It would be instructive, then, for Davis to be able to explain what has changed for him between last March and Saturday, when he stuck up for his players who kneeled. In fact, it would be a major opportunity — both for the Ole Miss community, where the kneeling was controversial in some quarters, and perhaps for the country.
After a 2 1/2-year national argument fueled by misplaced patriotism and phony outrage, wouldn’t it be something if a kneeling skeptic like Davis came out publicly and said that after seeing the true face of racism and how it impacted his community, his previous stance was wrong? That suddenly, he now understood what Kaepernick was doing and why it mattered?
Several Players from @OleMissMBB kneeling for the national anthem. pic.twitter.com/3fLNXoiFm1
Already, Ole Miss players kneeling was the biggest story in college basketball Saturday. It was courageous, admirable and a strong statement that they’re tired of their university’s brand being co-opted by racists who have nothing to do with the place.
But in the all-too-typical college sports way, the mealy-mouthed, feckless administrators in charge couldn’t even do the right thing without fumbling their way through it, blowing the opportunity they’ve been handed to put their program at the forefront of an important conversation.
Make no mistake: Davis and athletics director Ross Bjork had no choice but to support the players. Davis’ first season at Ole Miss has exceeded expectations in a pretty dramatic way, and his team is likely headed to the NCAA tournament barring an unfathomable collapse. Regardless of how Davis and Bjork might feel personally, taking a stand against the players — especially when they weren’t aware it would happen ahead of time — would only lead to one outcome.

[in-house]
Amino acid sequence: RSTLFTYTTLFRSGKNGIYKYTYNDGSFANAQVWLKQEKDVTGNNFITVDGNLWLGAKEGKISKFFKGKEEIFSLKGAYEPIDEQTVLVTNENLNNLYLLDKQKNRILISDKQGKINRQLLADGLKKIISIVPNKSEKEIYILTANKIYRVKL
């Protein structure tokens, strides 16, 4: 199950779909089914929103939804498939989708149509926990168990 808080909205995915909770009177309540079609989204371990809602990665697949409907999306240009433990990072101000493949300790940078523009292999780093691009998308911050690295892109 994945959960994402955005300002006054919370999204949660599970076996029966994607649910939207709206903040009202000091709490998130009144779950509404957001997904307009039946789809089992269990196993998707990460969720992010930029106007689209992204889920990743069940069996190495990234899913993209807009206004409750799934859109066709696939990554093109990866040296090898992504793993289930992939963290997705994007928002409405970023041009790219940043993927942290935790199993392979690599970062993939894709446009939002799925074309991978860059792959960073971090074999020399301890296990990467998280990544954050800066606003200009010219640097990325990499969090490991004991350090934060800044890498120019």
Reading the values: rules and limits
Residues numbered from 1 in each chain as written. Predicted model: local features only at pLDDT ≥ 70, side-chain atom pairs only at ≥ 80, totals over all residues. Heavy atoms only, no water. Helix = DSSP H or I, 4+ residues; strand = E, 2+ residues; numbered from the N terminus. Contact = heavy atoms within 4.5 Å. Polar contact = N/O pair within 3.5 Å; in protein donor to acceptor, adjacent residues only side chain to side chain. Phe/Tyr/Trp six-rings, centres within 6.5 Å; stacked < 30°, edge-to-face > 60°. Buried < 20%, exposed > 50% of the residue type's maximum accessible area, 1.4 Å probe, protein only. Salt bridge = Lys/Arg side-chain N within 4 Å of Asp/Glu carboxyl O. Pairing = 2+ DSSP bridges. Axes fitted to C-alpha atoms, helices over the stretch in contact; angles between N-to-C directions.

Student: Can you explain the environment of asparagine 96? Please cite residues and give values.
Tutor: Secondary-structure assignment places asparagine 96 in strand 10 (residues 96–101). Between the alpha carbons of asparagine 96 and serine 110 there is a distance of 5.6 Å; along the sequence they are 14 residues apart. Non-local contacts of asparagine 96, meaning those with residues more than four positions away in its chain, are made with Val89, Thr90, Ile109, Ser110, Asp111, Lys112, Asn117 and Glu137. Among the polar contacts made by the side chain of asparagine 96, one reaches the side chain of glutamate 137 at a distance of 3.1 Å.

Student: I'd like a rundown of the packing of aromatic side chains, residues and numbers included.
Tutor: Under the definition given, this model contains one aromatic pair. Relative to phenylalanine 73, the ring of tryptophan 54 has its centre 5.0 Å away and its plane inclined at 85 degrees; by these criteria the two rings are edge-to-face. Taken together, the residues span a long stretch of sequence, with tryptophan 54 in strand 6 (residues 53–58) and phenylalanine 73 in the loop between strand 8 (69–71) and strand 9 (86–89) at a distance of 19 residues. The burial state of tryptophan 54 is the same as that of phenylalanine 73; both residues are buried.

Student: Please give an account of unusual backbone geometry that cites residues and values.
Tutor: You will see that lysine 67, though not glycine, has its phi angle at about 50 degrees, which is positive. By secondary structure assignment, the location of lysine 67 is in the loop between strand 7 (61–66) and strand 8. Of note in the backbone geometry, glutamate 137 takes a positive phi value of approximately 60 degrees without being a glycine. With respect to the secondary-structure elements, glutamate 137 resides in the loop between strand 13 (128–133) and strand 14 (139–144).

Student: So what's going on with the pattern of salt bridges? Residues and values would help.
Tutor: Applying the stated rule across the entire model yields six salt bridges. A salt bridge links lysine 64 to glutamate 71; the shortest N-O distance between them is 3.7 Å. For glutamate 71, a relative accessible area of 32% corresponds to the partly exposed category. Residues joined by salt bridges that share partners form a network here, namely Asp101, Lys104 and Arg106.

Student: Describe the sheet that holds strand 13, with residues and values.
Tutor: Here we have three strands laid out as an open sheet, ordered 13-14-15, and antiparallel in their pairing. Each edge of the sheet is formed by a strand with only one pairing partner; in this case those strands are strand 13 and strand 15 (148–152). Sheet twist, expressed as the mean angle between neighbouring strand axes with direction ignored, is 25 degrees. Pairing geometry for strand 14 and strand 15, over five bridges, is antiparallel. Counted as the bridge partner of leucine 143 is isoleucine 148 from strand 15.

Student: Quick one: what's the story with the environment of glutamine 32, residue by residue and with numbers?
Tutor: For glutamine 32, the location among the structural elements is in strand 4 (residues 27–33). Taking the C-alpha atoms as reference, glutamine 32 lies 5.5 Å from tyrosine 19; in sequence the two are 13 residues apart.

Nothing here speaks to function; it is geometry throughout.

“This was all about the hate groups that came to our community that came to try to spread racism and bigotry,” Davis said. “It’s created a lot of tension for our campus. I think our players made an emotional decision to show these people they’re not welcome on our campus. We respect our players’ freedom and ability to choose that.”
Here are Kermit and Breein Tyree talking about today's #OleMiss and #Oxford marches pic.twitter.com/5ErOAnGrFT
My question for Davis, though, is what’s changed for him? Because the entire conversation in this country since Kaepernick first kneeled has been focused on whether the anthem is sacrosanct for any kind of protest, a sentiment that Davis seemed to believe last March.
Even though Kaepernick told us over and over again what he was protesting, insisting that it had nothing to do with respect for the military or the anthem itself, the owners who ran him out of the NFL and the fans who burned Nikes and claimed they’d never watch pro football again thought otherwise.